In addition to eating other bugs, ladybugs love to consume pollen from a variety of plants. It is suggested that if a gardener wants to attract more ladybugs, then planting certain plants will keep ladybugs coming back all season long. Some ladybug favorites include geraniums, cosmos, dandelions, cilantro, fennel, yarrow, caraway and angelica.
There are over 100 species of assassin bugs just in North American alone. They are stealthy and fierce. They were born to hunt other insects. They will stab their prey with a sword-like mouth part while injecting deadly venom in their prey that liquify their insides. Sounds scary right? To the insect world, assassin bugs should be feared. Gardeners rarely see assassin bugs because they are the sneaky insects. However, if a gardener is unfortunate to come across one and be bitten by an assassin bug, it will leave a painful welt. Assassin bugs love to hunt down hornworms, cucumber beetles, Colorado potato beetles, leafhoppers, caterpillars, Mexican bean beetles and other crop-damaging insects.
Pirate bugs are great for protecting tomato, corn, soybean, cotton and alfalfa crops. They enjoy eating aphids, whiteflies, psyllids, caterpillars and mites. In fact, they are known to consume more than 30 spider mites a day.
You can attract pirate bugs by planting clovers, yarrow, daisies, goldenrod, and other flowering plants. It is a good idea to have these plants around because if there aren't enough insects to feed on, they will feed on these plants and hopefully leave your crops alone.
There are thousands of species of nematodes. Some are beneficial and others can destroy gardens and crops. Having the right nematode in your garden will help guard against many damaging pests. Beneficial nematodes (Steinernematidae and Heterorhabditidae family) will inject insects with deadly bacteria that will kill the insect within 24 to 48 hours. Some will even enter the insect, eating it from the inside out. They especially love to devour weevils, white grubs, cutworms, chinch bugs and many others. Most experience gardeners order nematodes to ensure they get nematodes that are beneficial to their gardens.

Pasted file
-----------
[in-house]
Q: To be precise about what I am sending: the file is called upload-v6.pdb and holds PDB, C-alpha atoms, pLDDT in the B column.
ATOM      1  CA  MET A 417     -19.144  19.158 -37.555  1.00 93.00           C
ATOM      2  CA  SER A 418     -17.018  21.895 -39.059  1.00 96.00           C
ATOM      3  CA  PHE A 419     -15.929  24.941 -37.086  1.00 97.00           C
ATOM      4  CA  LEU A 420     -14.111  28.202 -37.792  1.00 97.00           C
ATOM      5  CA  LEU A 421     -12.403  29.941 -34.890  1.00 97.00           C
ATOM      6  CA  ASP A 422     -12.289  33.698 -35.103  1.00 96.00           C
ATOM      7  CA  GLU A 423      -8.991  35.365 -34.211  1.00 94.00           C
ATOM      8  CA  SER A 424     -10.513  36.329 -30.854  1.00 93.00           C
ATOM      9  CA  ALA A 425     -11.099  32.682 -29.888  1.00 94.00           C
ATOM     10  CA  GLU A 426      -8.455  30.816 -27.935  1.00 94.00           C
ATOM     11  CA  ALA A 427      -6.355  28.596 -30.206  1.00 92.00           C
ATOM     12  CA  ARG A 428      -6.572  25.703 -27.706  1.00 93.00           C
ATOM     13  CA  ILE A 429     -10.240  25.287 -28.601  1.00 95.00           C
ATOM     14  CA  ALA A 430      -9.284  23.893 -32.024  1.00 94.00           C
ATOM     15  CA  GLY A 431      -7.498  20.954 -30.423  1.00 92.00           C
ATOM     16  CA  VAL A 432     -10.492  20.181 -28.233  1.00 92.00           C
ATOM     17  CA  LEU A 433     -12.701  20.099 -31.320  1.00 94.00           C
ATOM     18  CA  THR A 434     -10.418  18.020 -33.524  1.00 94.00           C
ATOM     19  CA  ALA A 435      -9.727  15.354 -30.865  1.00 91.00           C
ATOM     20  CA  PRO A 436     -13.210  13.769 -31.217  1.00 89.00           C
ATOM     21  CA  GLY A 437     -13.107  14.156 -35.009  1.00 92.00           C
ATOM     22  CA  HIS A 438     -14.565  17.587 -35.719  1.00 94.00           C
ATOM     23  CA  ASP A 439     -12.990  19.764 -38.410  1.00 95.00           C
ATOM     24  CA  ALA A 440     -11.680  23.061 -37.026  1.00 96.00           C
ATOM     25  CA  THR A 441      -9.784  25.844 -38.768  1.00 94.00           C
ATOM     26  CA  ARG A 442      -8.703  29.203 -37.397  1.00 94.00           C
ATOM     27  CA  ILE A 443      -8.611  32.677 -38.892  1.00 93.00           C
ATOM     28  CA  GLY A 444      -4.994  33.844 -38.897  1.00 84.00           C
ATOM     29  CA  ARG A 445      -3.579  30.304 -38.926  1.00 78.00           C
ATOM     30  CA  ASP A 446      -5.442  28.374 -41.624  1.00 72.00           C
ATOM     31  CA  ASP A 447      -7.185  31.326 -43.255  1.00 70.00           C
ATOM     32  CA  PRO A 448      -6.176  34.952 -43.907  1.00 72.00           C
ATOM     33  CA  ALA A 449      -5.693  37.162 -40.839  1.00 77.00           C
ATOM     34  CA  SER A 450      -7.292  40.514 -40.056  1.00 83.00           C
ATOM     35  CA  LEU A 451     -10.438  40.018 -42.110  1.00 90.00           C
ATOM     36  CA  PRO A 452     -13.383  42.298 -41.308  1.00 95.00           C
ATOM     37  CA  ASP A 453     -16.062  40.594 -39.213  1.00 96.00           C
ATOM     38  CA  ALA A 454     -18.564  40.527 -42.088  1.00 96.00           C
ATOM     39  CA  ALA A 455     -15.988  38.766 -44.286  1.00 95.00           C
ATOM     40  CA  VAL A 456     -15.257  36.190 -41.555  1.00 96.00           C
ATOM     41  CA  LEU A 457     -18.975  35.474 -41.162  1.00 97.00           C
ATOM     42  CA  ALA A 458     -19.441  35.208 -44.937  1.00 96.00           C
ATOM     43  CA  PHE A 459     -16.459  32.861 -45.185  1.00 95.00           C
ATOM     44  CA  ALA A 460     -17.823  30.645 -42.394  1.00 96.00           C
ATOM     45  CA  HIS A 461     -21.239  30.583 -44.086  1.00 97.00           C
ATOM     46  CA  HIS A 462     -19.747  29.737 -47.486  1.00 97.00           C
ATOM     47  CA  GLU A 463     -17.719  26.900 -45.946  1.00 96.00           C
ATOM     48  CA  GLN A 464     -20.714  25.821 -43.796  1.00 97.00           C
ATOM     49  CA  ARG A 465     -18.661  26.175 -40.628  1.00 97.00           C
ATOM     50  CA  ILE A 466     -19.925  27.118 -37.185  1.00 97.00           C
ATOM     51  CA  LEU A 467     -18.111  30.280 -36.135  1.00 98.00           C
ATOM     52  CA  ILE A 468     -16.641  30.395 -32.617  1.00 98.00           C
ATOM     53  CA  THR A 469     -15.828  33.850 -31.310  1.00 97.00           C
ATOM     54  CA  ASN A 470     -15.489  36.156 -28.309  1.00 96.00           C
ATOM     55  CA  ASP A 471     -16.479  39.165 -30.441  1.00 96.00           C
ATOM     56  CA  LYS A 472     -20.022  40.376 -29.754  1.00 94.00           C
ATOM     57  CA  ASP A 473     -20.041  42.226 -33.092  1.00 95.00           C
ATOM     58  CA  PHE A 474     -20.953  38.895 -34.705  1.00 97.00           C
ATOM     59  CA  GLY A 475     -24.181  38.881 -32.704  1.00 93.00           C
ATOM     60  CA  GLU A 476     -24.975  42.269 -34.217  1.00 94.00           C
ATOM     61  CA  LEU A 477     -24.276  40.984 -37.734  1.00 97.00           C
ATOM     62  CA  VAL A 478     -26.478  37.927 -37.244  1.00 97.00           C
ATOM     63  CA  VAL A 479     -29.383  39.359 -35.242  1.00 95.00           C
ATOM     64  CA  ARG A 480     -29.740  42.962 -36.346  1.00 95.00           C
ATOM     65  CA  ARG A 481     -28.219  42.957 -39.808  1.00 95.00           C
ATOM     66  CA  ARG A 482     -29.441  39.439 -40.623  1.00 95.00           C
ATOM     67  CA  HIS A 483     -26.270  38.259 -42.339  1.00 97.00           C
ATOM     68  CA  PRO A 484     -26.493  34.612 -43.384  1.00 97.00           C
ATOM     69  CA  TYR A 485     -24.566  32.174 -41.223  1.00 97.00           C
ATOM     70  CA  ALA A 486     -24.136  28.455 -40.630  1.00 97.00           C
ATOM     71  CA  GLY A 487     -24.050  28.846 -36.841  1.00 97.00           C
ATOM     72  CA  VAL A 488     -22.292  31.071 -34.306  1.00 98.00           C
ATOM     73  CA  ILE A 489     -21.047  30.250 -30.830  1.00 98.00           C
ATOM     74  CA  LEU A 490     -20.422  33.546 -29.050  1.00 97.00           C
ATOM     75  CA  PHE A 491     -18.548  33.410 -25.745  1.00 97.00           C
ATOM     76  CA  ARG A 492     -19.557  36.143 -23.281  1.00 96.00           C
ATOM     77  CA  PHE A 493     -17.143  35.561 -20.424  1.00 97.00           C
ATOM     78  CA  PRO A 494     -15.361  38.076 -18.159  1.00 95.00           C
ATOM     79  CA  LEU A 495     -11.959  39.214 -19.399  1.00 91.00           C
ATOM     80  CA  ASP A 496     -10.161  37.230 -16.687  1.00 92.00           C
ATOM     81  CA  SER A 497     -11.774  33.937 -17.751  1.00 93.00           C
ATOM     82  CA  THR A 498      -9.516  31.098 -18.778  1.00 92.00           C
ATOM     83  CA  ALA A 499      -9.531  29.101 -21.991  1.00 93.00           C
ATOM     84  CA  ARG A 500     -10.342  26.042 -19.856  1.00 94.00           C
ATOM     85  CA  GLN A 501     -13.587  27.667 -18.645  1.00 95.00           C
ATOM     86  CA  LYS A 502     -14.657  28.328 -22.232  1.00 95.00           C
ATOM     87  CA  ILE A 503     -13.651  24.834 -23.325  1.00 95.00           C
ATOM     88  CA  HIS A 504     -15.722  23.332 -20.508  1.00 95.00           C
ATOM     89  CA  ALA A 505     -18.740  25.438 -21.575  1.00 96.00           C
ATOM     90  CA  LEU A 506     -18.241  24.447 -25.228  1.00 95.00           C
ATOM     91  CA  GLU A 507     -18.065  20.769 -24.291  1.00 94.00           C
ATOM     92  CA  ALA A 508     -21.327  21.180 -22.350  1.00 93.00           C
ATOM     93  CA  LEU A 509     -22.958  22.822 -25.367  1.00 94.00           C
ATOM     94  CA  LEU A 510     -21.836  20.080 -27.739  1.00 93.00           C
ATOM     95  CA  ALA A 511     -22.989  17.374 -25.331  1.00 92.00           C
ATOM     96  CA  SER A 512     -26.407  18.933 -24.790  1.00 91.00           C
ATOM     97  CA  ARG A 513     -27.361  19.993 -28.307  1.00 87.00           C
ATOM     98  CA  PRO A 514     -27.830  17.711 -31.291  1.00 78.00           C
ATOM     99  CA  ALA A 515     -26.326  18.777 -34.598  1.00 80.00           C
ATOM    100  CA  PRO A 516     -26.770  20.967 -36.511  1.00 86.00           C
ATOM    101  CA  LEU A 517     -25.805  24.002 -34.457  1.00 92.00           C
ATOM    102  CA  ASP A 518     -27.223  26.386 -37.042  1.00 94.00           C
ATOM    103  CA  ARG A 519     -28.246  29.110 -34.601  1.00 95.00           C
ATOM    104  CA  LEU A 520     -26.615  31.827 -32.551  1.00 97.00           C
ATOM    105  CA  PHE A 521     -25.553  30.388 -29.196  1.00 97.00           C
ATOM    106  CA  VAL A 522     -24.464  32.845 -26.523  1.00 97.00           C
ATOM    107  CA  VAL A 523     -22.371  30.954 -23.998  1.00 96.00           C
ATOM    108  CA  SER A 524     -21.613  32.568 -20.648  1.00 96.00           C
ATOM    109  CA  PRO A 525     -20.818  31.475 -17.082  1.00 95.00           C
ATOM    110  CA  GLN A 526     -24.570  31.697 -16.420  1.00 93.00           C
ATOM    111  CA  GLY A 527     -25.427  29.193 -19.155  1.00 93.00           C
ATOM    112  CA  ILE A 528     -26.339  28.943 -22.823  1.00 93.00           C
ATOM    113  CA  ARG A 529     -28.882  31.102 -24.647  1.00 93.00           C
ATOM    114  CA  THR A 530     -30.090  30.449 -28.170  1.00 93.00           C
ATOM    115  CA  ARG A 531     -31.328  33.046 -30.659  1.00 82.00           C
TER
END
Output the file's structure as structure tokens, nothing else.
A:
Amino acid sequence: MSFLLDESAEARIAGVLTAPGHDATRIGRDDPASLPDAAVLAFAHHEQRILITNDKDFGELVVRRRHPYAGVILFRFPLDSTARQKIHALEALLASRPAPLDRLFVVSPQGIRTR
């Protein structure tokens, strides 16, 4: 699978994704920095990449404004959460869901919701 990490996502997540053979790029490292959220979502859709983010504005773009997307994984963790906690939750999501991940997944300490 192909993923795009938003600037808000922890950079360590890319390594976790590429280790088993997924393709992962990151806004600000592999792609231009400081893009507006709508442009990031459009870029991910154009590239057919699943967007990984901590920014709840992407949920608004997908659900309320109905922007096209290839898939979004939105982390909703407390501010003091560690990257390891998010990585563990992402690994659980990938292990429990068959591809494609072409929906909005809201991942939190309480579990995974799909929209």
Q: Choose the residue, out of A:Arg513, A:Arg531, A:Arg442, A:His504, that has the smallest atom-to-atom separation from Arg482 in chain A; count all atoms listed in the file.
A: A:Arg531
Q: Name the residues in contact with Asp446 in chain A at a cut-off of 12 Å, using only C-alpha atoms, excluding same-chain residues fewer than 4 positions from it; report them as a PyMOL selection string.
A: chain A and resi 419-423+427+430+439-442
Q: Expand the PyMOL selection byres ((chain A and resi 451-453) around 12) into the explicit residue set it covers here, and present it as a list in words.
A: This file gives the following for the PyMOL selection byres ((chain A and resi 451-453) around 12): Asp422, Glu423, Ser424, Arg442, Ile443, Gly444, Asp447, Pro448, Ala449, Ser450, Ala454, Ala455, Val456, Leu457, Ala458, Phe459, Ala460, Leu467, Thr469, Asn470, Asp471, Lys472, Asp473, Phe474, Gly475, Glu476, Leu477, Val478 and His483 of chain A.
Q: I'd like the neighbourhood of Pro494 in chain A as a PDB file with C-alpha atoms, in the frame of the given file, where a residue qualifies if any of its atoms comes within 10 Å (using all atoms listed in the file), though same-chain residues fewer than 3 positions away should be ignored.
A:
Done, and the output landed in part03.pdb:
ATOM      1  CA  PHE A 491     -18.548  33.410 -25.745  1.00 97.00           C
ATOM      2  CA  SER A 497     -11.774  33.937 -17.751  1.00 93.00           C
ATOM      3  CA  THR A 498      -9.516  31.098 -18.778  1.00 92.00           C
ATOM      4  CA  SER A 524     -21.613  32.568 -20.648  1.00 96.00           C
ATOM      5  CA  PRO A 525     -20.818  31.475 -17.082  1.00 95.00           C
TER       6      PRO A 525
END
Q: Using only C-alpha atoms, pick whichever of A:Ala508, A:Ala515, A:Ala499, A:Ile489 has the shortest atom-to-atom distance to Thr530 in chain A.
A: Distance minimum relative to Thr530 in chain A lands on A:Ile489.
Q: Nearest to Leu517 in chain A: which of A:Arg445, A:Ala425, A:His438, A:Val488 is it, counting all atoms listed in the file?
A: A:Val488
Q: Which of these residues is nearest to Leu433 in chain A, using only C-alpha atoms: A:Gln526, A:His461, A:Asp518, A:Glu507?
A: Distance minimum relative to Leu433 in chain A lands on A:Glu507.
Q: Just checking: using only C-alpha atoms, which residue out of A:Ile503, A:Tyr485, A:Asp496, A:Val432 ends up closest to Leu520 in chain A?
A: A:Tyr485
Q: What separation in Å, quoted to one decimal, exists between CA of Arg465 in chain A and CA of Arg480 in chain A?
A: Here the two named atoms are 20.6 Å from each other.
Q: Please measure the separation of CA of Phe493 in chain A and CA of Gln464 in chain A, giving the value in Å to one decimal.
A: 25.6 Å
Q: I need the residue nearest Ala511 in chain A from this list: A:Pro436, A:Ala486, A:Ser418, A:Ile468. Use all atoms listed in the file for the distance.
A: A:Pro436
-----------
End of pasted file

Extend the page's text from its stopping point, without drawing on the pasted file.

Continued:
Many gardeners have mixed feeling about whether a praying mantis is good for the garden or not. They have an aggressive appetite for a wide variety of insects including those that harm your gardens. However, they also have an appetite for some insects that can be beneficial to the garden as well. They have even been known to take down lizards, frogs, and even sometimes hummingbirds. Mostly they love to eat caterpillars, flies, ladybugs, bees, wasps, butterflies and moths. If you want to attract praying mantis to your garden, plant some marigolds, cosmos, fennel, dill, angelica or yarrow.
There are many other insects that are beneficial to gardens and crops. Some of these include spiders, bees and wasps. Butterflies can also be beneficial as adults. It is caterpillars that can do quite a bit of damage to a garden. Also keep in mind that as you are planting plants to attract beneficial insects, they may also attract insects that will harm your garden. Before you reach for your bottle of pesticide, consider alternative repellants so that you don't repel or kill the beneficial insects as well.
© 2015 L Sarhan